Berries rich in biologically active phytochemicals, particularly anthocyanins and proanthocyanidins, can suppress the rise in blood glucose levels, improve diabetes and other metabolic disorders [158]. The supposed mechanism for decreasing postprandial glucose is to limit glucose absorption by inhibiting α-amylase and α-glucosidase activity. Compare with other extracts of berries, red raspberry extracts are the most effective in inhibiting α-amylase. Raspberry extract fractionation reveals that the unbound anthocyanin-enriched fraction is more effective against α-glucosidase than the original extract. In contrast, the α-amylase inhibitors were accumulating in the bound fraction. This suggest that proanthocyanidins are important inhibitors of α-amylase activity [159,160]. The other study shows that anthocyanins improve the function of adipocytes and enhance the insulin sensitivity [161]. Supplementation of red raspberry ellagic acid at 2% and 5% of the diet for 12 weeks increased insulin levels and reduced fasting glucose, hemoglobin, and glycosylated urinary albumin, thereby improving the uncontrolled diabetic status of mice. Indicators of inflammation and oxidative stress were also improved [162]. Anthocyanins and ellagic acid show antioxidant, anti-inflammatory actions, and the potential for insulin secretion from pancreatic β-cells, which is found in cell culture [163], in diabetic animals [162,164], and in humans [165,166]. Strawberries inhibit against glucosidase and angiotensin-1-converting enzymes and have a less pronounced potential to inhibit a-amylase [167]. Blackcurrant extracts can decrease blood glucose and improve glucose tolerance in type 2 diabetic (T2D) mice and humans [168]. The anthocyanins of blueberry are shown to attenuate insulin sensitivity and hyperglycemia. Diet supplemented with blueberry powder enhances glucose tolerance in mice, normalizes glucose metabolism markers in obese rats, and improves insulin sensitivity in humans [169,170]. Furthermore, anthocyanins have been confirmed to induce glucagon production like peptide-1, which associates with pancreatic cells responsible for the induction of insulin secretion [171]. The consumption of cranberries, a natural source of polyphenols and fibers, would enable a more favorable glycemic response in patients with T2D. Cranberry contain the soluble fibers polydextrose and β-glucan, which have been related to the reduction in the rate of gastric glucose absorption. The flavonoids of cranberries delay the intestinal absorption of glucose and improve glycemic response [172,173]. The extent of inhibition of α-glucosidase by berry extracts is related to its anthocyanin content-cyanidin-3-rutinoside and cyanidin-3-galactoside. Proanthocyanidins are also considered potent α-glucosidase inhibitors [159]. Tannins (proanthocyanidins and ellagitannins) of cranberry extracts can inhibit digestive enzymes α-amylase and glucoamylase [174]. More than that, cranberry procyanidins can inhibit the glycation of human hemoglobin and serum albumin by eliminating reactive carbonyl radicals [175]. Some studies show that cranberry products might promote glucose homeostasis by reducing fasting glycemia, improving homeostasis model assessment-estimated insulin resistance, increasing insulin sensitivity, and preventing compensatory insulin secretion [176,177].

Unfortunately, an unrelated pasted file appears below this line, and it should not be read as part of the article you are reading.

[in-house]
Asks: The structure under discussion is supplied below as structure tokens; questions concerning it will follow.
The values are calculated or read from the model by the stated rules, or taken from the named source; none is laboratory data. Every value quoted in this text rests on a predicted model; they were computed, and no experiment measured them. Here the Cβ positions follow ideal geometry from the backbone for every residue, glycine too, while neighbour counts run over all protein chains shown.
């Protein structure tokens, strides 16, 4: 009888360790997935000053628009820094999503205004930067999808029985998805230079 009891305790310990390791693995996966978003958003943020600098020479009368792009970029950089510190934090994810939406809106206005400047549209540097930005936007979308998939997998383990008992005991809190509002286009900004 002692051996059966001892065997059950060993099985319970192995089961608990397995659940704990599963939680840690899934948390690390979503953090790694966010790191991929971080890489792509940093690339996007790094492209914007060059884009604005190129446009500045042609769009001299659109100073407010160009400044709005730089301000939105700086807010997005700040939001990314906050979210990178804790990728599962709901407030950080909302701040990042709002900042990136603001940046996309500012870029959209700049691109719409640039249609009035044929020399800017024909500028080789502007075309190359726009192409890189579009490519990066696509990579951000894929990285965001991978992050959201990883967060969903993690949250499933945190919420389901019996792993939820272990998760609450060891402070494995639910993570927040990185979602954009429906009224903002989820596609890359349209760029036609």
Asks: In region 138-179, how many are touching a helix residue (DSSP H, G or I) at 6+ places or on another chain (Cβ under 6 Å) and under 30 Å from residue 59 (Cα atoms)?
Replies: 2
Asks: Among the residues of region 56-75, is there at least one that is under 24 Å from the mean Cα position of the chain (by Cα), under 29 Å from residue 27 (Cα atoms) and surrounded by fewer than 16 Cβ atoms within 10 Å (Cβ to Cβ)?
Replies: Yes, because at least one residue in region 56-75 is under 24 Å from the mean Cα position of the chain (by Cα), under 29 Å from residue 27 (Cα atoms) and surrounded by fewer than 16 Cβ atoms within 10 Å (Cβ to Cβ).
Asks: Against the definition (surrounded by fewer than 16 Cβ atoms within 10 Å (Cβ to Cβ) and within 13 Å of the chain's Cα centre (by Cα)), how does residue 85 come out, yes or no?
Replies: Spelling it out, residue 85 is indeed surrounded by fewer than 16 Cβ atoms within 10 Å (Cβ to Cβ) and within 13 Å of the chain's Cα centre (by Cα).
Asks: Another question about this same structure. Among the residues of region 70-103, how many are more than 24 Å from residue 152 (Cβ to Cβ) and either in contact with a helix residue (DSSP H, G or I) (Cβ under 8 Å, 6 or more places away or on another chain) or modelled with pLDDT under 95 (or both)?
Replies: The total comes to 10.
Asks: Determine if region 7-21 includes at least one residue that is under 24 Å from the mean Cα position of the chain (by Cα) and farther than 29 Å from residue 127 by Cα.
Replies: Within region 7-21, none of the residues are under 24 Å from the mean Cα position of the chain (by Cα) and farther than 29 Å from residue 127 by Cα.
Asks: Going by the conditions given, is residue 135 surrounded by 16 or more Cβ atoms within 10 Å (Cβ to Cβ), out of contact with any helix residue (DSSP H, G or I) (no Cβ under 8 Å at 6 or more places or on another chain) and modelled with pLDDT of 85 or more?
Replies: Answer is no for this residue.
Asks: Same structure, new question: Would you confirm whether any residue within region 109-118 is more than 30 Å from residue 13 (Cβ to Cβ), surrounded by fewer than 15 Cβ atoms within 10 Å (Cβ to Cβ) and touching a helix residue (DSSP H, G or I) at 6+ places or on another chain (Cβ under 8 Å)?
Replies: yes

9. Obesity

Obesity is complicated to treat and is a significant risk factor for some health problems such as diabetes and cardiovascular disease. Since drug treatment of obesity induces many side effects and has little long-term efficacy, natural plant extracts have been suggested to use as an alternative for long-term weight control [178]. Cyanidin 3-glycoside is the predominant anthocyanin in blackberries found to prevent obesity in C57BL/6J mice fed a high-fat diet correlated to mice fed a high-fat diet without anthocyanins [179]. Blueberry juice and freeze-dried blueberries did not significantly affect weight gain or fat accumulation in mice fed a high-fat diet. However, blueberries anthocyanin extracts significantly reduced body weight and fat accumulation [180]. The anthocyanins of blueberry stimulated the transcription of the peroxisome proliferator-activated receptor (PPAR, participate in energy homeostasis regulation), which is associated with improving insulin resistance and fat stimulation metabolism in combination with inhibition of fat storage [181]. A human study observed improvement in the lipid profile and inflammatory markers in obese subjects after a three week intake of strawberry powder [182]. Another study shows consumption of freeze-dried strawberry for 12 weeks was able to improve the inflammatory condition in obese adults with osteoarthritis, lowered tumor nuclear factor-α, and lipid peroxidation products [183]. Strawberry consumption decreased risk factors for cardiovascular disease and diabetes in obese volunteers, offering a therapeutic potential for strawberries as a medicinal food to reduce obesity-related disease.